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Tue, Sep 17, 2019

Fly Safe: Performing Post-Maintenance Pre-Flight Checks

FAA Says Aircraft Just Out Of Maintenance Are More Likely To Have Safety-Of-Flight Issues

Do you know how to properly preflight your aircraft after maintenance? Many pilots secretly admit that they sometimes don’t quite know what they are looking for. Does that concern you? It should, since the pilot is the final authority when it comes to the aircraft’s fitness for safe flight.

As a pilot and/or aircraft owner, it is in your best interest to know and understand every component of your aircraft. You may think you have even less to worry about after your aircraft comes back from the shop. It should be in great shape, right?

Actually, aircraft just out of maintenance are more likely to have safety-of-flight issues than an aircraft in good condition flown on a daily basis. Something simple shouldn’t cause a problem, but work on multiple systems leaves the door open for more than a few complications.

For example, in-flight emergencies and accidents have occurred with incorrectly rigged flight control or trim systems. Loose bolts or a forgotten connector have led to other tragedies. It’s best to be on the safe side, know what work has been done, know what you are looking for, and perform thorough preflight checks.

Advanced Preflights go above and beyond the normal preflight checklist. Create your checklist by reviewing the maintenance history of the aircraft, and once you have that information, develop your additional items checklist. Once you have made this list, you can use it in all future preflight inspections. Find and review all aircraft records, including receipts, work orders, FAA Form 337s (Major Repair and Alteration forms) and approval for return to service tags (8130-3 Forms). Find any Supplemental Type Certificate (STC) data, including information on items no longer installed on the aircraft.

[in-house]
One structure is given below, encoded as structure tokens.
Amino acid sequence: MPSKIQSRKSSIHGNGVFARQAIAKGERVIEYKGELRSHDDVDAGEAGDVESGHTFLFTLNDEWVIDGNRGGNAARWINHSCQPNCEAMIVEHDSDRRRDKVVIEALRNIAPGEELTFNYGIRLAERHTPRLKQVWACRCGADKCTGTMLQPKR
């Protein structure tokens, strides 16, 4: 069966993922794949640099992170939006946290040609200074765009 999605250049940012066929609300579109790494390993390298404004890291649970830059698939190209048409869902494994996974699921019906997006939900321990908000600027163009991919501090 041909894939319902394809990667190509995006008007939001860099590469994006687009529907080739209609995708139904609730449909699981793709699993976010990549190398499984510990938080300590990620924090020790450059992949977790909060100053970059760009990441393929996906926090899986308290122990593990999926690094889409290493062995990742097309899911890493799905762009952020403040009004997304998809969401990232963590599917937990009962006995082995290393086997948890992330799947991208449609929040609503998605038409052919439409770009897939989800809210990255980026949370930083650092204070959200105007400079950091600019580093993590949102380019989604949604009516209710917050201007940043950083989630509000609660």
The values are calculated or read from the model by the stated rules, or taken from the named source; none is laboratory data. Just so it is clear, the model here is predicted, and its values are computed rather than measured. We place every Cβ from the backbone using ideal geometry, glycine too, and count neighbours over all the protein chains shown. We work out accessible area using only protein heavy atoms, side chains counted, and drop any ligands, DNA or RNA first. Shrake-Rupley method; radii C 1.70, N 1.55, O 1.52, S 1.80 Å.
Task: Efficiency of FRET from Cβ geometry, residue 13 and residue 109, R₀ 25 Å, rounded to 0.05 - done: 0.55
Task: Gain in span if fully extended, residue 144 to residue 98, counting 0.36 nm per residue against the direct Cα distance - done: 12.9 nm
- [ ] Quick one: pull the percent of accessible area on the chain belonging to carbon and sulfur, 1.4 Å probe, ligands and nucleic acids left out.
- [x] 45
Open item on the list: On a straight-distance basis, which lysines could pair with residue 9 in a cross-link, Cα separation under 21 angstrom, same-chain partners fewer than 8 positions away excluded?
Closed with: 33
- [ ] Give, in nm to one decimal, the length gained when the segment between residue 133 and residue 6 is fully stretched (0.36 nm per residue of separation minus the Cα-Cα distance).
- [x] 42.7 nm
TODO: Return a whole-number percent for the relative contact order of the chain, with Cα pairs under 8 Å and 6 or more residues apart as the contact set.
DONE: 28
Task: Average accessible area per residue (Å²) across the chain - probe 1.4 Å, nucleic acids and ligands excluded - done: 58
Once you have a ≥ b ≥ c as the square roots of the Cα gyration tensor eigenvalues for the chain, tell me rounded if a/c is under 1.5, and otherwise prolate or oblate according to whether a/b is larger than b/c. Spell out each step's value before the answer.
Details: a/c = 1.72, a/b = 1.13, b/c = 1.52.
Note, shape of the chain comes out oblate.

Some additional tips:

  • Become familiar with all controls and systems before maintenance, and create a baseline. Having this information will make it easier for you to find any “abnormal” functions after maintenance.
  • Coordinate with your mechanic to determine exactly what has been accomplished. Give those systems an extra look-over before flight.
  • Pay particular attention to the aircraft components that were replaced or repaired. If you suspect a problem, ask your mechanic to recheck the aircraft.
  • Be ready to abort take-off if something doesn’t feel right.
  • For the first flight, stay in the pattern within gliding distance to the runway.

Your safety, and the safety of those who fly with you, depends on your vigilance. Check, ask questions, and recheck. Your life may depend on it.

(Source: FAA. Image from file)

FMI: www.faa.gov/news/safety_briefing/2016/media/se_topic_16_02.pdf

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